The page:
Since its beginnings about a decade ago, coworking has transformed offices into an oasis for workers from all corners of the workforce. Whether you want a creative workspace, a female-forward design, or a luxurious office that resembles a hotel, there is a space for you.
Now, flexible workspaces have grown beyond a fad for small businesses and startups. Large companies are also seeing the benefit of the hassle-free office setup. This is leading big operators, particularly WeWork, to disrupt the commercial real estate sector as we know it.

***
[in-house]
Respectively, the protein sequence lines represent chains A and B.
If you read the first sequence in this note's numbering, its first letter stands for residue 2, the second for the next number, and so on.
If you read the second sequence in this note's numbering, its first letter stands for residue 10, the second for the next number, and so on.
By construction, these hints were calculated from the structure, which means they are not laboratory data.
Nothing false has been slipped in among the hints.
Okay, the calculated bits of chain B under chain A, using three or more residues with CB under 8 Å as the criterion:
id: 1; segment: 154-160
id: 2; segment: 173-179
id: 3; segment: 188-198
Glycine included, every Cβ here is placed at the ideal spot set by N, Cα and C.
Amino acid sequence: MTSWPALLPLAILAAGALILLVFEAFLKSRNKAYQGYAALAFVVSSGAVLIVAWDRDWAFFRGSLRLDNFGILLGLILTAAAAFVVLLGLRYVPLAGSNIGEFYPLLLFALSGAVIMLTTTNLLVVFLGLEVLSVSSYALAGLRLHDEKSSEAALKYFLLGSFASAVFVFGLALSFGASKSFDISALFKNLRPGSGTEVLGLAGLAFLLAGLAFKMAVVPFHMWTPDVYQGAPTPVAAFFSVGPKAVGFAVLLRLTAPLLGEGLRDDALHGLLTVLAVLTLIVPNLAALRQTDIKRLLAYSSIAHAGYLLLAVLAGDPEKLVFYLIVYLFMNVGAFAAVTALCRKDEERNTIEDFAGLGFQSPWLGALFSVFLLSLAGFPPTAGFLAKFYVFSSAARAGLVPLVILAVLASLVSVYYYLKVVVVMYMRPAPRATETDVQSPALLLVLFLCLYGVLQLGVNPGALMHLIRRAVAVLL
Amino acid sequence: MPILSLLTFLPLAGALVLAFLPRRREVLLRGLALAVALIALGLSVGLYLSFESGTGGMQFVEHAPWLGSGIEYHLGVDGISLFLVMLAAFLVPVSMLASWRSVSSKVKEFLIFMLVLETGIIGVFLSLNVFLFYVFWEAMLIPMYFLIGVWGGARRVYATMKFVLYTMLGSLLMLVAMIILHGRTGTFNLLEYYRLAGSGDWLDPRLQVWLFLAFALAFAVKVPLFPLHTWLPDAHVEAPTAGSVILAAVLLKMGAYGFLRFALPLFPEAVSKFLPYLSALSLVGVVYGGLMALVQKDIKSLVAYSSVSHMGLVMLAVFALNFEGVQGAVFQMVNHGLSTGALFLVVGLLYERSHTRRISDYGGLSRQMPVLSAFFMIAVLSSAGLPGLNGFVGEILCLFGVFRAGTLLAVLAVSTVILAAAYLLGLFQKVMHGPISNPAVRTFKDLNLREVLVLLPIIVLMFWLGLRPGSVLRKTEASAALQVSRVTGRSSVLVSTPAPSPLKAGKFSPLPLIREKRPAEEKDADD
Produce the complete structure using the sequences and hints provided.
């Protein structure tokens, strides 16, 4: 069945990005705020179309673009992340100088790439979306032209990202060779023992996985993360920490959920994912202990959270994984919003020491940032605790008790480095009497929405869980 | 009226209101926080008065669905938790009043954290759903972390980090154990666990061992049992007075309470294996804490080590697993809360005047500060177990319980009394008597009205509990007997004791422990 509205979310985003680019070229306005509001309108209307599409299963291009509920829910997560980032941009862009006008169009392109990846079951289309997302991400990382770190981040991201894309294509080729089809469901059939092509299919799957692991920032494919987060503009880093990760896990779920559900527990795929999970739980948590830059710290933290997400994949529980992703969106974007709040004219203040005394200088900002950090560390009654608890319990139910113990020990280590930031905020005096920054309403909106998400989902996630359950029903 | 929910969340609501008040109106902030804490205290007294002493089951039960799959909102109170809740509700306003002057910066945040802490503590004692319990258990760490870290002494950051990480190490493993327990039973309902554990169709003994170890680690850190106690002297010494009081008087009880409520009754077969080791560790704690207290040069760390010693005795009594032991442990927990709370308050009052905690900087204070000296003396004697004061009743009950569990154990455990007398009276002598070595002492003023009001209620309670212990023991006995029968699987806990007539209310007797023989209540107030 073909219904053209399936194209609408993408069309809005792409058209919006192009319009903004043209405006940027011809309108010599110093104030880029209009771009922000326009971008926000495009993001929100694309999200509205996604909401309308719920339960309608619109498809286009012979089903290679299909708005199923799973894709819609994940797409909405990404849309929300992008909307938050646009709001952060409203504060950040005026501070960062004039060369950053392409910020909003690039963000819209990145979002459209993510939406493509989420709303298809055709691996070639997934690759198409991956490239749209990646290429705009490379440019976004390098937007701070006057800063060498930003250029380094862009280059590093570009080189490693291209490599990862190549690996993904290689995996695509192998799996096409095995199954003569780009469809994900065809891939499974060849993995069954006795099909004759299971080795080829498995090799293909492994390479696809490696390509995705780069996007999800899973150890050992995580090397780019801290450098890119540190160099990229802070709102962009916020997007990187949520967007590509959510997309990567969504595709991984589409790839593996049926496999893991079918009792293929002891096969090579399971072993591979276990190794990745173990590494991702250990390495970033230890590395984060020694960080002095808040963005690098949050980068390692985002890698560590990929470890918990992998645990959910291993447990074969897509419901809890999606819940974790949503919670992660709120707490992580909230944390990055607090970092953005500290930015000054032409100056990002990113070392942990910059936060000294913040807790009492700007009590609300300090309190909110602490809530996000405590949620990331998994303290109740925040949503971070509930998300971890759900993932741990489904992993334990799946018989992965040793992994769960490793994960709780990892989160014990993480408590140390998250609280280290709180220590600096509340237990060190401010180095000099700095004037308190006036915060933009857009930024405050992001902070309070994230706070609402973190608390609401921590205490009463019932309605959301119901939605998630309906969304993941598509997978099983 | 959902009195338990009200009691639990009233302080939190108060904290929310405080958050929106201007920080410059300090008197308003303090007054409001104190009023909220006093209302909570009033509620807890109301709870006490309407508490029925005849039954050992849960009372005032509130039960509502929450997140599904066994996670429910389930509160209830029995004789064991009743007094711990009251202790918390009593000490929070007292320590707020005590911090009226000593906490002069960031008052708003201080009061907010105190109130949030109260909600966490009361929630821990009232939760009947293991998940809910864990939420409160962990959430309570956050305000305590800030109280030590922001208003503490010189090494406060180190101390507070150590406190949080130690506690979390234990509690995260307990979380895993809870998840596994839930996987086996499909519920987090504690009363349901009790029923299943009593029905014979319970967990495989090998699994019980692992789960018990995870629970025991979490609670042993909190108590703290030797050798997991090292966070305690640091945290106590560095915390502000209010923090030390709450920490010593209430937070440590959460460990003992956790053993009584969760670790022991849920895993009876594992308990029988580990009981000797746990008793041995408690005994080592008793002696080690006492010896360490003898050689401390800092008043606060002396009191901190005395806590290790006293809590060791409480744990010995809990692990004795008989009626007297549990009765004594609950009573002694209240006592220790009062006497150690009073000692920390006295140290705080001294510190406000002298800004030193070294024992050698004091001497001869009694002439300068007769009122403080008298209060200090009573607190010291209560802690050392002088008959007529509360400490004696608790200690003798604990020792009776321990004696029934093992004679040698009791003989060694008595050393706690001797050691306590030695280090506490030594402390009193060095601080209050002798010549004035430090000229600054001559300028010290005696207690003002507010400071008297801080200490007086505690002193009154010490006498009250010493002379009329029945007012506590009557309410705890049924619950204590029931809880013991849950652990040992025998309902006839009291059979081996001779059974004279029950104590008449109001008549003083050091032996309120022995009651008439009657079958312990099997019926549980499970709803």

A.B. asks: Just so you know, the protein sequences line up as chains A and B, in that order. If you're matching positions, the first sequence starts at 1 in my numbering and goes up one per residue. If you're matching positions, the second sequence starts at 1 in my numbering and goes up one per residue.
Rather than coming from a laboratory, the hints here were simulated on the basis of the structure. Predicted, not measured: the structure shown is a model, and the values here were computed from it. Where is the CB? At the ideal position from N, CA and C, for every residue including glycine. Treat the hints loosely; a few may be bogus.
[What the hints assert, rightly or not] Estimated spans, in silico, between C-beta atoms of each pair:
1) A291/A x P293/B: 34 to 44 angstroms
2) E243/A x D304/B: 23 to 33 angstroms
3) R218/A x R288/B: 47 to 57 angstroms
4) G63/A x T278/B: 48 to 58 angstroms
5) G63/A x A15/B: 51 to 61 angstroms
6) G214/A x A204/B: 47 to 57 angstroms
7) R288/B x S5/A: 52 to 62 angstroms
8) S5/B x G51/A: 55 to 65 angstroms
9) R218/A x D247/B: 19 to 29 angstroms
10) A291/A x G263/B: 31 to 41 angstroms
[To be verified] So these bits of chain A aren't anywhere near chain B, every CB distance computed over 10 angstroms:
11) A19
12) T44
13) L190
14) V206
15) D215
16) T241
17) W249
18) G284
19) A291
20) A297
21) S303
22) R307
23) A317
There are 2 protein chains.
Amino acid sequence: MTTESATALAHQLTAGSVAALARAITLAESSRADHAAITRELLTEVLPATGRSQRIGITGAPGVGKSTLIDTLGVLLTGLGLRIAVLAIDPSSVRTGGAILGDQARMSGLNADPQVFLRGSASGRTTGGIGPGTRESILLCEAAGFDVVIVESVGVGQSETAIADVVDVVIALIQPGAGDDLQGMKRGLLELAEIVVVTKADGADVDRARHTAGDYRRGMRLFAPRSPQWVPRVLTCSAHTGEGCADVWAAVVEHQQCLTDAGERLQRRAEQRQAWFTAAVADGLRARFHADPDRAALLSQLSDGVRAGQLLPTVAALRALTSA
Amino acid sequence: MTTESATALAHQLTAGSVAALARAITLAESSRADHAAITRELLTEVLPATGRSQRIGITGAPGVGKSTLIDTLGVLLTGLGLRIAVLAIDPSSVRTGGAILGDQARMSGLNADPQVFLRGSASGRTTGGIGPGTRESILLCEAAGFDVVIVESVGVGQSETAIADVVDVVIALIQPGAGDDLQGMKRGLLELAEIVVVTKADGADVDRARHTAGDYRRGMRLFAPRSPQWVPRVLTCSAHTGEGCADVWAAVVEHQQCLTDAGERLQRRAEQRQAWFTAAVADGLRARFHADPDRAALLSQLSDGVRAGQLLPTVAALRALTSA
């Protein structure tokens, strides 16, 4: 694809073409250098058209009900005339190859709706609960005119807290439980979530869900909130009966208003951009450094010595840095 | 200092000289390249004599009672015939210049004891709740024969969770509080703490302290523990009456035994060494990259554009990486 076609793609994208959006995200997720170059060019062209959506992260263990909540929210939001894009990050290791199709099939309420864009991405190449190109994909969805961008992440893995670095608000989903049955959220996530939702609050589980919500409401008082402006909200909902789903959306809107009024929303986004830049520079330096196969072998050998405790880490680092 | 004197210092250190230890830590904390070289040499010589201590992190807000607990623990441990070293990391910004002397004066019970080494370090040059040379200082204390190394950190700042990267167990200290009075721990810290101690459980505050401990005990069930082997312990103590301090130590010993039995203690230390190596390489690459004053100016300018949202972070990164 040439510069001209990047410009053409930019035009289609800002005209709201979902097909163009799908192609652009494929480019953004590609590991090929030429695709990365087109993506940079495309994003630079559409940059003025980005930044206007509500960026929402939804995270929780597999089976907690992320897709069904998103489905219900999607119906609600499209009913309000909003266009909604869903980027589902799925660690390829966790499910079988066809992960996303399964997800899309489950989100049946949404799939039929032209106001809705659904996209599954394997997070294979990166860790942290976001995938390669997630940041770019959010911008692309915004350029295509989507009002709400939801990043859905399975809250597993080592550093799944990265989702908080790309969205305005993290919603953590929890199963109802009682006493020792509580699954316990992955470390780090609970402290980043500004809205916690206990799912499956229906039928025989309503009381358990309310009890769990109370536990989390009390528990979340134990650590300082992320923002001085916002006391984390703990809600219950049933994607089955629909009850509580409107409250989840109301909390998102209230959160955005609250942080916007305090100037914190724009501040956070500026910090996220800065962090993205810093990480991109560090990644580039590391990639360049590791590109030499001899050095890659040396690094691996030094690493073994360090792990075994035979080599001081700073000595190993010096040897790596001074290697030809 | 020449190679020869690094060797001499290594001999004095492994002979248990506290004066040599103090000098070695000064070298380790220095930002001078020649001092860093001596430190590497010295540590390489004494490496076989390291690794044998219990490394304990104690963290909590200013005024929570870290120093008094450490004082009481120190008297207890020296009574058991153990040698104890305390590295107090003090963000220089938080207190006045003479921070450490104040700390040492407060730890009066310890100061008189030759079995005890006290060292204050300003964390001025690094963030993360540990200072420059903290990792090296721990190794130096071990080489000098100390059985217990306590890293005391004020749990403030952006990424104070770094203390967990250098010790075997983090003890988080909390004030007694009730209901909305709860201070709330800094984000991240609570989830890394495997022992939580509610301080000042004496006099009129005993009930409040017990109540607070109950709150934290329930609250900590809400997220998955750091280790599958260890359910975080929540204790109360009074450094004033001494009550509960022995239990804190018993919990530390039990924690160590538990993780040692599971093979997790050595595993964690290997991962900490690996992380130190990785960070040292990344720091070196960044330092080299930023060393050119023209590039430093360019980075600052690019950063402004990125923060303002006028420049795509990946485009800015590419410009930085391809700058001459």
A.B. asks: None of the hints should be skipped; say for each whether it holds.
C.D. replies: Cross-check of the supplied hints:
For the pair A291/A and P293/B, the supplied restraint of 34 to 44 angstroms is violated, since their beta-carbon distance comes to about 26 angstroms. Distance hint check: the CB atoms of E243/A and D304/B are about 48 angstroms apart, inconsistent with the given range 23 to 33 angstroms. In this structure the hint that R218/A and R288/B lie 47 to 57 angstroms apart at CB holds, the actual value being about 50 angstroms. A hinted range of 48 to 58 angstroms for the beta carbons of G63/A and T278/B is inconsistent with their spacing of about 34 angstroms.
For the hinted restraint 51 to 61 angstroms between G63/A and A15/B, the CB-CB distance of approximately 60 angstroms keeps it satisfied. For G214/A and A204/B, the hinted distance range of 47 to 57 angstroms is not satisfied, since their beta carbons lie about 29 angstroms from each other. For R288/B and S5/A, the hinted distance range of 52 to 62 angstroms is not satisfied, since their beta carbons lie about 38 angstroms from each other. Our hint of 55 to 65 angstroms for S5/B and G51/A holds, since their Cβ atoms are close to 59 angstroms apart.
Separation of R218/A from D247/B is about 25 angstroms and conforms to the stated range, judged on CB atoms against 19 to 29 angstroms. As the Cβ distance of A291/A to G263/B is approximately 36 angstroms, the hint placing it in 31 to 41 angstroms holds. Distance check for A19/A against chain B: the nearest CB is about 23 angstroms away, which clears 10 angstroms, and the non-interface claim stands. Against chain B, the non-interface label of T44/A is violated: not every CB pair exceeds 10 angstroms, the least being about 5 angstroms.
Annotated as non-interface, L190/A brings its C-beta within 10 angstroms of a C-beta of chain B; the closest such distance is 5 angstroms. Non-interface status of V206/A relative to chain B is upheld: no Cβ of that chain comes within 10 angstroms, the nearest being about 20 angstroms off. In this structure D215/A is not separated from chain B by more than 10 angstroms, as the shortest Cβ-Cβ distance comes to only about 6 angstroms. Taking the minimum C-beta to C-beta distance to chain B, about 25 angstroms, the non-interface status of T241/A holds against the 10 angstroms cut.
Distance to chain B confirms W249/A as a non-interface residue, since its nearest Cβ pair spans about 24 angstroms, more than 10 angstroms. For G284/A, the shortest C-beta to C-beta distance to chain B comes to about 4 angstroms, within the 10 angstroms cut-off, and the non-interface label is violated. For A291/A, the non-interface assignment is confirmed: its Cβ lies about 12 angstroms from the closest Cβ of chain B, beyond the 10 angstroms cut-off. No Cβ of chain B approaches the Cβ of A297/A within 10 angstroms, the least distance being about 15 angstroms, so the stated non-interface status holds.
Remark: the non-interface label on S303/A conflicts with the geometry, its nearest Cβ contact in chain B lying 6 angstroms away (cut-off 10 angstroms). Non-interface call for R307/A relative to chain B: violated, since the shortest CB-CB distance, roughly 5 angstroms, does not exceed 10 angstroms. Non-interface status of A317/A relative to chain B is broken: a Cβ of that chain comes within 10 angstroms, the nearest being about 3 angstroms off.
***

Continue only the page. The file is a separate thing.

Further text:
WeWork is taking Uber’s route in absorbing losses before actually making a profit. Both companies also share a lead investor in SoftBank’s Vision Fund.
But critics are still wondering whether either company will ever make a profit, especially in the face of an economic downturn.
Despite this, WeWork has made a massive presence all across the nation, taking up 4.5 million square feet of space in Los Angeles.
This has allowed for competitors to pop up across the industry, which often provide amenities or a community sometimes not seen at WeWork locations. For example, New York-based The Wing just opened a West Hollywood space that offers office and services needs for women.
Overall, while offering flexible, agile workspaces has proven to be favorable among many tenants, the short-term lease model has yet to be tested during a recession. It is evident that not all players within the coworking industry will survive, but the big names may have a chance.